It was a night of penalties as France won Group A, with Norway finishing second.
France beat 10-woman Nigeria 1-0 thanks to a second-half penalty whilst two penalties took Norway past South Korea. What did we learn?
1. Wendie’s Wild World Cup
Wendie Renard opened the World Cup looking like a force of nature. An impassable defensive titan and an unstoppable offensive presence. She kept a clean sheet, marshalling the Korean forwards with ease. She also scored two goals and got an assist (later wiped out by VAR). It looked like Renard was going to dominate the tournament like no defender ever has.
Then she was much less impactful against Norway. She was still good, and for the most part defensively excellent, but she also scored a needless own goal to briefly put France under real pressure. Then tonight in the third game she found yet another way to steal the headlines, this time by stepping up to take France’s second-half penalty.
First, she missed. Taking a really casual run-up and slapping the ball against the post. Then because teenage goalkeeper Chiamaka Nnadozie was slightly off her line when Renard shot, the penalty had to be retaken. Renard made no mistake on the re-take and thumped it in to give France the lead. It’s been a wild World Cup for Wendie Renard, what will she come up with next??
2. Norway will be praying for CGH
Any time a great attacking player goes down their team-mates and fans go into a kind of instant panic mode, scouring social media in a desperate search for any kind of news about their favourite. That reaction is normal.
However the panic will be double for Norway at the World Cup. Already without Ada Hegerberg because of the striker’s political stance against gender inequality in Norwegian football, they had to play most of the second half against Korea without their best player and scorer of their opening goal, Caroline Graham Hansen.
The Barcelona winger has been a shining light amidst an otherwise stodgy set of performances from Noway. Her electric dribbling and attacking drive allowed her to really make a difference for her country. She was felled early into the second period, a tackle which resulted in Norway’s second penalty and goal, but the impact forced Graham Hansen off.
Norway went on to win without her but they will be praying that her injury isn’t anywhere near as bad as it first looked, because without their wing wonder they will truly suffer in the knockout rounds.
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3. VAR is pure drama
Many people felt that when VAR was introduced the big problem would be that introducing technology would help certainty, and eliminate the grey areas that create so much of football’s drama. Oh how wrong we were!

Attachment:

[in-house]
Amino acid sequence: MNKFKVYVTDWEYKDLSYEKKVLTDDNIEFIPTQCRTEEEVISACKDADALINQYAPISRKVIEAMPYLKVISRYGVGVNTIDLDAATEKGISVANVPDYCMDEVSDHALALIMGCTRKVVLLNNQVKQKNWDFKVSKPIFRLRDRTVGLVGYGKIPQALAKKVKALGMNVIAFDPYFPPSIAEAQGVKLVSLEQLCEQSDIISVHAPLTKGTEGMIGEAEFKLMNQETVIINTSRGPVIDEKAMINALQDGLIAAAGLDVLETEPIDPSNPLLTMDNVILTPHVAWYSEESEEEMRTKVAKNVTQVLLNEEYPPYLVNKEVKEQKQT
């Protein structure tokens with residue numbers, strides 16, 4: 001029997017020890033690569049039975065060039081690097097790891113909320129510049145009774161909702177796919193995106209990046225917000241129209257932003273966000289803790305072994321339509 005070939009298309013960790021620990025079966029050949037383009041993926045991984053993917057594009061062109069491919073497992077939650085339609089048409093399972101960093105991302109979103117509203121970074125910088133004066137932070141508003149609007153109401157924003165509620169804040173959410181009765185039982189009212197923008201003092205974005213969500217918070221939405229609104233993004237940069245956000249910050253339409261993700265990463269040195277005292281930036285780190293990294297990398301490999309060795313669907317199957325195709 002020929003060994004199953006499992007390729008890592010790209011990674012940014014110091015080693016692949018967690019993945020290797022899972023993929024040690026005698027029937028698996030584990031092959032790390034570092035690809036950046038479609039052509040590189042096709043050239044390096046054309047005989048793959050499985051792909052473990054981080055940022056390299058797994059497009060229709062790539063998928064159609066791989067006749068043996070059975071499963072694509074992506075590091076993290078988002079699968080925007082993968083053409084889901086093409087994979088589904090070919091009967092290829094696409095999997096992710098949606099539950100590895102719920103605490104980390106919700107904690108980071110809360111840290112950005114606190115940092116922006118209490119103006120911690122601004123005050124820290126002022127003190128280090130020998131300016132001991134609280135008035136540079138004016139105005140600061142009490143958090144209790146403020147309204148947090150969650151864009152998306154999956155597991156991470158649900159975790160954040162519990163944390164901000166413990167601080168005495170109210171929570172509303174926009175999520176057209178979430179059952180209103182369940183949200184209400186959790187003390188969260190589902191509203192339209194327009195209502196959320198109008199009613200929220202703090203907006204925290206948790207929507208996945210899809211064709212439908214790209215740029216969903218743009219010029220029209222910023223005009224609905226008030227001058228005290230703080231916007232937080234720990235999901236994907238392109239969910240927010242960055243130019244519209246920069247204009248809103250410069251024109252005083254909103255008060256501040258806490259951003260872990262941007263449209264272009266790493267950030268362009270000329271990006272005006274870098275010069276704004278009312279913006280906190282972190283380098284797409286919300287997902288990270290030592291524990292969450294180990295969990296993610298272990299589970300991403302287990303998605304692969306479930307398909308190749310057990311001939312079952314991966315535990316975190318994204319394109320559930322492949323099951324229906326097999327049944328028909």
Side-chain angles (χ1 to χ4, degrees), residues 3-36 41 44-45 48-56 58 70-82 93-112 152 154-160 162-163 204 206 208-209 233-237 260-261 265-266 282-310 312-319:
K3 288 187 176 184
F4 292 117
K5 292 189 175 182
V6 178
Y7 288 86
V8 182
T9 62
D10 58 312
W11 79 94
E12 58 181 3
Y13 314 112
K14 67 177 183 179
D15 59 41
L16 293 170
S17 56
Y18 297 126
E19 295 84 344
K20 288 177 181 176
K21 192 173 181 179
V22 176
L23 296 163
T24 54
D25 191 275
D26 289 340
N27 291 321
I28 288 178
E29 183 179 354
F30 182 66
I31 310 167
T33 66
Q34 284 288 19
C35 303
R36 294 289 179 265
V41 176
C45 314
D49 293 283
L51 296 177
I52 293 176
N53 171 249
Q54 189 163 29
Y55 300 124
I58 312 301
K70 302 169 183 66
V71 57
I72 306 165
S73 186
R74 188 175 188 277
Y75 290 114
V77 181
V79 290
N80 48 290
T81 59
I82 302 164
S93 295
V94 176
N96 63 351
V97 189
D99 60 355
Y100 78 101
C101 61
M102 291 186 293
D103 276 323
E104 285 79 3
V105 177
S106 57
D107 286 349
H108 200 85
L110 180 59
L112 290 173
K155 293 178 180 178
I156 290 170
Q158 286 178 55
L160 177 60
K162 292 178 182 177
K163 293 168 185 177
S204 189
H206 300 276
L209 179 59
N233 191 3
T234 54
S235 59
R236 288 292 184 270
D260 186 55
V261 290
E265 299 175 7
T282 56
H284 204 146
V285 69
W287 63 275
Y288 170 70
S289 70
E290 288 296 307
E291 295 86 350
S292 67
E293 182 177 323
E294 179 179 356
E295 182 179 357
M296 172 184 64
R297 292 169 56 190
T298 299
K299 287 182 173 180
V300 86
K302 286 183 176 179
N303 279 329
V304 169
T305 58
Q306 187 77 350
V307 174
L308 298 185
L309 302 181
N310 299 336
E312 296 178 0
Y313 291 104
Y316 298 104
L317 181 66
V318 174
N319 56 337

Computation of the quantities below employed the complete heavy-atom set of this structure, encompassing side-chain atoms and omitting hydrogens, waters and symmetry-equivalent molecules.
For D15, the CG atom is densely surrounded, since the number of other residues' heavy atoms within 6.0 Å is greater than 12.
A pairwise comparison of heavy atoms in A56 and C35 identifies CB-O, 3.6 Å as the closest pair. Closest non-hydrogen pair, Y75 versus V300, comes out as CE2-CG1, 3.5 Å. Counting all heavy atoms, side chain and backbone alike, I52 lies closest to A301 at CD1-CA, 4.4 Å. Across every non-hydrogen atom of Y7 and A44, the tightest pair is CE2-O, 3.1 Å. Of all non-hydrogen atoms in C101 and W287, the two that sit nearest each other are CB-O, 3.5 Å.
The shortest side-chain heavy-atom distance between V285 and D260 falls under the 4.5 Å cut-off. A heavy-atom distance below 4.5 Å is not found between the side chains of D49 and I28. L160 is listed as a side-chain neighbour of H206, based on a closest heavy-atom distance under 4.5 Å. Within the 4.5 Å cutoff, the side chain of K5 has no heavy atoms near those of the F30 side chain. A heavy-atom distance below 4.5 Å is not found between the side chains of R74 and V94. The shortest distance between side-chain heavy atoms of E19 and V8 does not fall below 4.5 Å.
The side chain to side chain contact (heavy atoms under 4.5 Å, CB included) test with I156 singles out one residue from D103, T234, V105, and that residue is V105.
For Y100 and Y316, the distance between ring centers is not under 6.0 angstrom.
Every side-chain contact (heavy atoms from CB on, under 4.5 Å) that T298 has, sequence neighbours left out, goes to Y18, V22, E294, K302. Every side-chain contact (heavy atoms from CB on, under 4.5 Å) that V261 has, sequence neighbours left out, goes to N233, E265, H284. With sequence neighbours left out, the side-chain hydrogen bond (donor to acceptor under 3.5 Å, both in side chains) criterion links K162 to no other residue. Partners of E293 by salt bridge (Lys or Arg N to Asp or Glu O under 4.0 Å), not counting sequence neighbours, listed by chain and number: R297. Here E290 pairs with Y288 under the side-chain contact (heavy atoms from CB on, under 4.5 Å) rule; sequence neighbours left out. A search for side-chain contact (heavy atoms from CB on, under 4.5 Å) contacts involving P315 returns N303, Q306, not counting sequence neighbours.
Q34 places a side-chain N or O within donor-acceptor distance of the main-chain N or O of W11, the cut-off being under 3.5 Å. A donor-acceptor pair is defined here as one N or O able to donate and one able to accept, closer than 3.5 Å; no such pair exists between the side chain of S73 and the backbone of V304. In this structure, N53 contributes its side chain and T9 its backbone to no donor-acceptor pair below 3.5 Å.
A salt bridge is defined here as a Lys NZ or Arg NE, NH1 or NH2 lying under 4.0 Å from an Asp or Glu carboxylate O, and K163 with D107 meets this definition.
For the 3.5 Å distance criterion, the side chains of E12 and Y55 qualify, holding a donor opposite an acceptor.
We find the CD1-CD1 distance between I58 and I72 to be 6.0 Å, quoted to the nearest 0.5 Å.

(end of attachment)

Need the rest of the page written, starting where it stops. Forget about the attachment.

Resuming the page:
VAR has created whole new types of footballing drama. Moments we never knew could be spellbinding are. Every single goal celebration now has a cloud hanging over it. If your team has just conceded, don’t get mad yet! VAR could yet rule it out! Did you think your side got away with a nasty tackle? Well that’s to VAR you may not have! Did your side just score or miss a penalty? Well don’t react just yet because it may have to be retaken!
Contrary to popular belief, VAR is pure drama. That’s like 90% of what it offers. Drama, with a little bit of accuracy. It gave us three penalties tonight (well, four really given Renard had to retake her) and is creating an entirely new way to experience football, and only adds to all of the madness of football.
4. Korea offered too little too late
South Korea lost their first game 4-0, their second game 2-0, and their final game 2-1. Their performances improved to match their results as well. They were nowhere near France in the opener, they battled Nigeria fairly well, and shut Norway down brilliantly and scored their first goal of the World Cup with a stunning effort that may go down as the best goal in the World Cup.
Improving as you go is always favourable, but Korea simply waited too long to get going. They needed to play like they did second-half against Norway against Nigeria so that they could have built on that and really been able to make a play for that third spot in Group A. Alas, they didn’t – one can only hope they are able to keep this group together and build on them, because if they keep getting better like this then by the time the next World Cup rolls around they’ll be the best team in the world.
5. France still can’t figure their forwards out
France have dominated every single game a the World Cup so far. They’ve played with supreme authority and control in each game, even though they rotated some of their players before today’s game against Nigeria. The midfield still hummed, the defence was still solid… but that attack.
Individually each of France’s attackers has had good tournaments. Valerie Gauvin was quiet tonight but played a huge role in the win over Norway. Kadidiatou Diani was unimpressive in the opener but playing out wide against Norway and tonight off the bench she looked a livewire. Delphine Cascarino has been a dribbling sensation. Eugenie Le Sommer has oozed class, etc. etc. etc.
But as a unit? They’ve been terrible. France’s inability to get their attackers to gel and perform at the same time as a cohesive trio has dogged their games. They relied on corners to destroy Korea and since then have needed penalties to beat Norway and Nigeria. However well they’ve played and for all the potential they’ve shown, their attack has yet to click and has enormous room to grow.
Whether it’s a matter of aligning them correctly, or perhaps picking a different selection of players, Corinne Diacre must do something because if she keeps things as they currently are then France’s profligacy is going to cost them against the first great side they come across (e.g. the USA in the quarter-final).